Dr. Krewski is a Fellow of the Society of Risk Analysis and the American Statistical Association, and a lifetime National Affiliate of the US National Academy of Sciences. In 2013, he received the Distinguished Achievement Award from the Society for Risk Analysis, for excellent performance in the practice of risk analysis. He has contributed to over 900 scientific and technical publications in the field of risk science during the course of his career to date.

Dr. Krewski’s first major research project upon joining the University of Ottawa in 1998 was a major re-analysis of data from the Harvard Six Cities Study, which was one of the first large scale studies to demonstrate an association between long-term exposure to particulate air pollution and mortality in the general population. This two-year Congressionally mandated study was funded through the US Health Effects Institute, with oversight by an eight-member expert advisory group and an eight-person stakeholder liaison group. The goal of this work was to replicate the original findings of the six city study, which had become the basis for air quality standards for fine particulate matter in the United States, and to test the robustness of alternative analytic approaches. To accomplish this, Dr. Krewski assembled a team of 33 investigators from 11 North American research institutions to complete the project on time and within budget ($1.3 million), producing both a major project report and 17 peer reviewed publications along the way.

Since 2002, Dr. Krewski has held a Natural Research Council of Canada Industrial Research Chair in Risk Science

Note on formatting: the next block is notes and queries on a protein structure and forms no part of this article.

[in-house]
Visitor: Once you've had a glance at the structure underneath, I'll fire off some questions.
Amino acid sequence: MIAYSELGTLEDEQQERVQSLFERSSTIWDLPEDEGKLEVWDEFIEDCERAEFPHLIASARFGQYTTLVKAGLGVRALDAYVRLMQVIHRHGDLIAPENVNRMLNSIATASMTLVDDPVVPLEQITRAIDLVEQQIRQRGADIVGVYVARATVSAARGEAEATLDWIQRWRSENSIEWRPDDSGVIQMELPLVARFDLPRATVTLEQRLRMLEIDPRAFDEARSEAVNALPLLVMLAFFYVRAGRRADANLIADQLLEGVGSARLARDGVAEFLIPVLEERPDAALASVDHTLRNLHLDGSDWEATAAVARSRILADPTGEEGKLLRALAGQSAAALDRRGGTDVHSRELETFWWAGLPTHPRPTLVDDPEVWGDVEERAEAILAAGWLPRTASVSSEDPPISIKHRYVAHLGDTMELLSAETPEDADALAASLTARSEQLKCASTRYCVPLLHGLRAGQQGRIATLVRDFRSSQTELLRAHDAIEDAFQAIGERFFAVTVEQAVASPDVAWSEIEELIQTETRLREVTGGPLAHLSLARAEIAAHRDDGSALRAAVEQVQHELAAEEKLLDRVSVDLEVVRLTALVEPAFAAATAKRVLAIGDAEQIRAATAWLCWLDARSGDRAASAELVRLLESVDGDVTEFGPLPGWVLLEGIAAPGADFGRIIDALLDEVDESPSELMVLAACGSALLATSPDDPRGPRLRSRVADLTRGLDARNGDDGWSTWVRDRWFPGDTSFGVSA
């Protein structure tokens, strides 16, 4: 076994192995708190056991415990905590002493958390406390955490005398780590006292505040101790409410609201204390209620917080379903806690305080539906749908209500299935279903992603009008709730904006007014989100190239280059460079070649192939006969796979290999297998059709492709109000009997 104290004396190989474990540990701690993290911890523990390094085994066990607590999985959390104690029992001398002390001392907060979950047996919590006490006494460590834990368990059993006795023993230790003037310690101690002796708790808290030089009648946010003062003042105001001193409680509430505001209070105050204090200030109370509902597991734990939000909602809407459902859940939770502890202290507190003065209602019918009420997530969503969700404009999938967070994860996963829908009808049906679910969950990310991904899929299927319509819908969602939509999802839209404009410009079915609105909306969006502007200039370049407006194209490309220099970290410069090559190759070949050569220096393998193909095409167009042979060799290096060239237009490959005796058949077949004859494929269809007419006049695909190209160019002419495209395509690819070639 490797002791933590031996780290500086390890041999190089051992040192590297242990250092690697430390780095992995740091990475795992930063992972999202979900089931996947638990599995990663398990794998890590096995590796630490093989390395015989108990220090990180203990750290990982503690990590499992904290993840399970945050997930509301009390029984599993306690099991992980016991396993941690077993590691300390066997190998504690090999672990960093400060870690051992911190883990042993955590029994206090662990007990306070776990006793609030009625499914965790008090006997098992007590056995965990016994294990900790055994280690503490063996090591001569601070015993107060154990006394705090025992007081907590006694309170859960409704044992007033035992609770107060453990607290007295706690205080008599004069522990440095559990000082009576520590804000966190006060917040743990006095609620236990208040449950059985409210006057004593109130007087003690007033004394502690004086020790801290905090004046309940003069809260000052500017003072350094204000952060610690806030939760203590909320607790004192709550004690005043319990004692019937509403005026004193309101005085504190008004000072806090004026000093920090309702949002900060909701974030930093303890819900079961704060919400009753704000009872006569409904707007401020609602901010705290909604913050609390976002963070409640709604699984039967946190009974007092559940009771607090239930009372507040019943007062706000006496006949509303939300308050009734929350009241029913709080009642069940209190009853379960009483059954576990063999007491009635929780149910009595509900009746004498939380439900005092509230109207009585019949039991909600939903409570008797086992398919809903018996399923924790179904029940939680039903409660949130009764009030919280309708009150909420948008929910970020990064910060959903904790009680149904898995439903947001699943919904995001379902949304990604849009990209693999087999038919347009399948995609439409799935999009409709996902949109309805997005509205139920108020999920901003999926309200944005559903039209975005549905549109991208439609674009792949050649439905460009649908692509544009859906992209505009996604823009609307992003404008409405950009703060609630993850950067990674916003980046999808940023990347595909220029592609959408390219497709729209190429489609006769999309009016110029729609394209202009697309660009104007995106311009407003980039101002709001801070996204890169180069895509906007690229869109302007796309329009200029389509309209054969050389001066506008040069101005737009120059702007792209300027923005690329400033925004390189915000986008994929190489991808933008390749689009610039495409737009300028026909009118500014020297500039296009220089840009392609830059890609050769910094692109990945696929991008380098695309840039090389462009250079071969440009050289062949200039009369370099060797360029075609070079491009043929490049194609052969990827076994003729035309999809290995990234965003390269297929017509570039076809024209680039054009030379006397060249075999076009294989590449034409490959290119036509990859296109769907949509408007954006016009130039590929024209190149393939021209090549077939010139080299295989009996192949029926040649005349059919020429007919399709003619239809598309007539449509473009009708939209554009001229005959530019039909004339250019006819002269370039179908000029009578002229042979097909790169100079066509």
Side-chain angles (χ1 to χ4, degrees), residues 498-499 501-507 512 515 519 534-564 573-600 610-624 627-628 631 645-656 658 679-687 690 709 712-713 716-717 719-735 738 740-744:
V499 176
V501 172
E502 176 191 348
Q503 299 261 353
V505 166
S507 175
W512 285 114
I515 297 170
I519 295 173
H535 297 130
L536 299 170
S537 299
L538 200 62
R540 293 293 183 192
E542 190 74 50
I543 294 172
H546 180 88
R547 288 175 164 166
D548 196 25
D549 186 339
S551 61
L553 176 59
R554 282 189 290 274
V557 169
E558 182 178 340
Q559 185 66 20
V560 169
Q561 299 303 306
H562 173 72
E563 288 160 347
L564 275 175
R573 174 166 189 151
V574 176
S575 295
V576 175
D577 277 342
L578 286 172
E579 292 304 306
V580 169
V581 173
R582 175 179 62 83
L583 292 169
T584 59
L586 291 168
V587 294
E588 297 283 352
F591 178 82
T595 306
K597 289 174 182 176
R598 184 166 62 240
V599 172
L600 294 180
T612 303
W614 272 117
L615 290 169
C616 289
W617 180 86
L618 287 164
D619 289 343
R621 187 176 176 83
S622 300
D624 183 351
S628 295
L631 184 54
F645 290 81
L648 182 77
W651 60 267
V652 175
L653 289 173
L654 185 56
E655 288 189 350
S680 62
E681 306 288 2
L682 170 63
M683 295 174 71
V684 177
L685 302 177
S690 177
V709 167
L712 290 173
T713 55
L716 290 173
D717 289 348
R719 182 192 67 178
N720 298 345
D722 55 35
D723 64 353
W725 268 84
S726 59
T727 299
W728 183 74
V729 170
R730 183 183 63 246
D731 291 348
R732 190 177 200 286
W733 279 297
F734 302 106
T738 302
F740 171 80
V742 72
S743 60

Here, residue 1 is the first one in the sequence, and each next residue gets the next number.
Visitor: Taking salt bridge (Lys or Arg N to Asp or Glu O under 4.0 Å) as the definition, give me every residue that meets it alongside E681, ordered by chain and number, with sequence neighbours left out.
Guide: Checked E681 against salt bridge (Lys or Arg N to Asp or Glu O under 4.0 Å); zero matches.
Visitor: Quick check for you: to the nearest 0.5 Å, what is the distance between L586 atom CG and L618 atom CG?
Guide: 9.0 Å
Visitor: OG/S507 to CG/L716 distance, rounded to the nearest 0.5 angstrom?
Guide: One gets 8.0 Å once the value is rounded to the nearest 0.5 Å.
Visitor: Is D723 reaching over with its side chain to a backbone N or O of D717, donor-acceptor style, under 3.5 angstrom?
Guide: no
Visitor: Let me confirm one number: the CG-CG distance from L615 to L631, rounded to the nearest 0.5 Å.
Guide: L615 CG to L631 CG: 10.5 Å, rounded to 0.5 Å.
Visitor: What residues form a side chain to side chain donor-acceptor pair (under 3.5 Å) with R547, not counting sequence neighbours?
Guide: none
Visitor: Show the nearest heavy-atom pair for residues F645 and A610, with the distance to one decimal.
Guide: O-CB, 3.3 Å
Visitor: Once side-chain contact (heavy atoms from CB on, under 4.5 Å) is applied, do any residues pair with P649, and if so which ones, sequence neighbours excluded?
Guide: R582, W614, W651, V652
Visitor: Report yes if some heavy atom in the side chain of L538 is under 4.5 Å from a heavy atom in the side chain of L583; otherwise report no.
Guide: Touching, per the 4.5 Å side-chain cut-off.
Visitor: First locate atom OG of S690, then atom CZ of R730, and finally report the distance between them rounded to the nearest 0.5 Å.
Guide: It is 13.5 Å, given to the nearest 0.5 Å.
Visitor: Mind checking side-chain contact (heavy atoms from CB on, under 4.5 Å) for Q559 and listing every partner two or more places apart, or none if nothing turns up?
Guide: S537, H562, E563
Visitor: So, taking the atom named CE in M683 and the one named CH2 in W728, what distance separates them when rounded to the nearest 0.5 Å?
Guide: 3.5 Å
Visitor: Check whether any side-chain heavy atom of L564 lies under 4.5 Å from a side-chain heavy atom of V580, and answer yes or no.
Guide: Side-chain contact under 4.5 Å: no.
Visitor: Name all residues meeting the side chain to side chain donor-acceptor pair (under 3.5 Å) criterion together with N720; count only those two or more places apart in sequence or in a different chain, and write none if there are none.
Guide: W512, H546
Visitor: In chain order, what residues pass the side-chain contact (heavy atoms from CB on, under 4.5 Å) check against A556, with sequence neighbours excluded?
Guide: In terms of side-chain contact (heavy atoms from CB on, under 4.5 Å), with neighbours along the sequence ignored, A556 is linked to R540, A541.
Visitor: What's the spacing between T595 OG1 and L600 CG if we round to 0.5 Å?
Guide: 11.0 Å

Since 2002, Dr. Krewski has held a Natural Research Council of Canada Industrial Research Chair in Risk Science, focusing on risk assessment and management of a wide range of risk issues of national and international importance. The research program of the Chair has been highly productive, generating an average of over 25 peer-reviewed publications annually since its inception. The program has four overarching research objectives: 1) developing innovative risk assessment methods to important risk issues; 2) applying those methods to better understand important risk issues such as ambient air pollution (Burnett et al., 2018), transmissible diseases (Leiss et al., 2010), and technological development (Larkin et al., 2019a); 3) identifying strategies to manage important risk issues such as pandemic flu (Saunders-Hastings et al., 2017) and radon present in Canadian homes (Gaskin et al, 2018); and 4) knowledge mobilization activities to promote the use of state of the art principles and methods in risk science in risk decision making. This unique research program is conducted with technical input from industrial partners, but with research outputs remaining the sole responsibility of the Chair.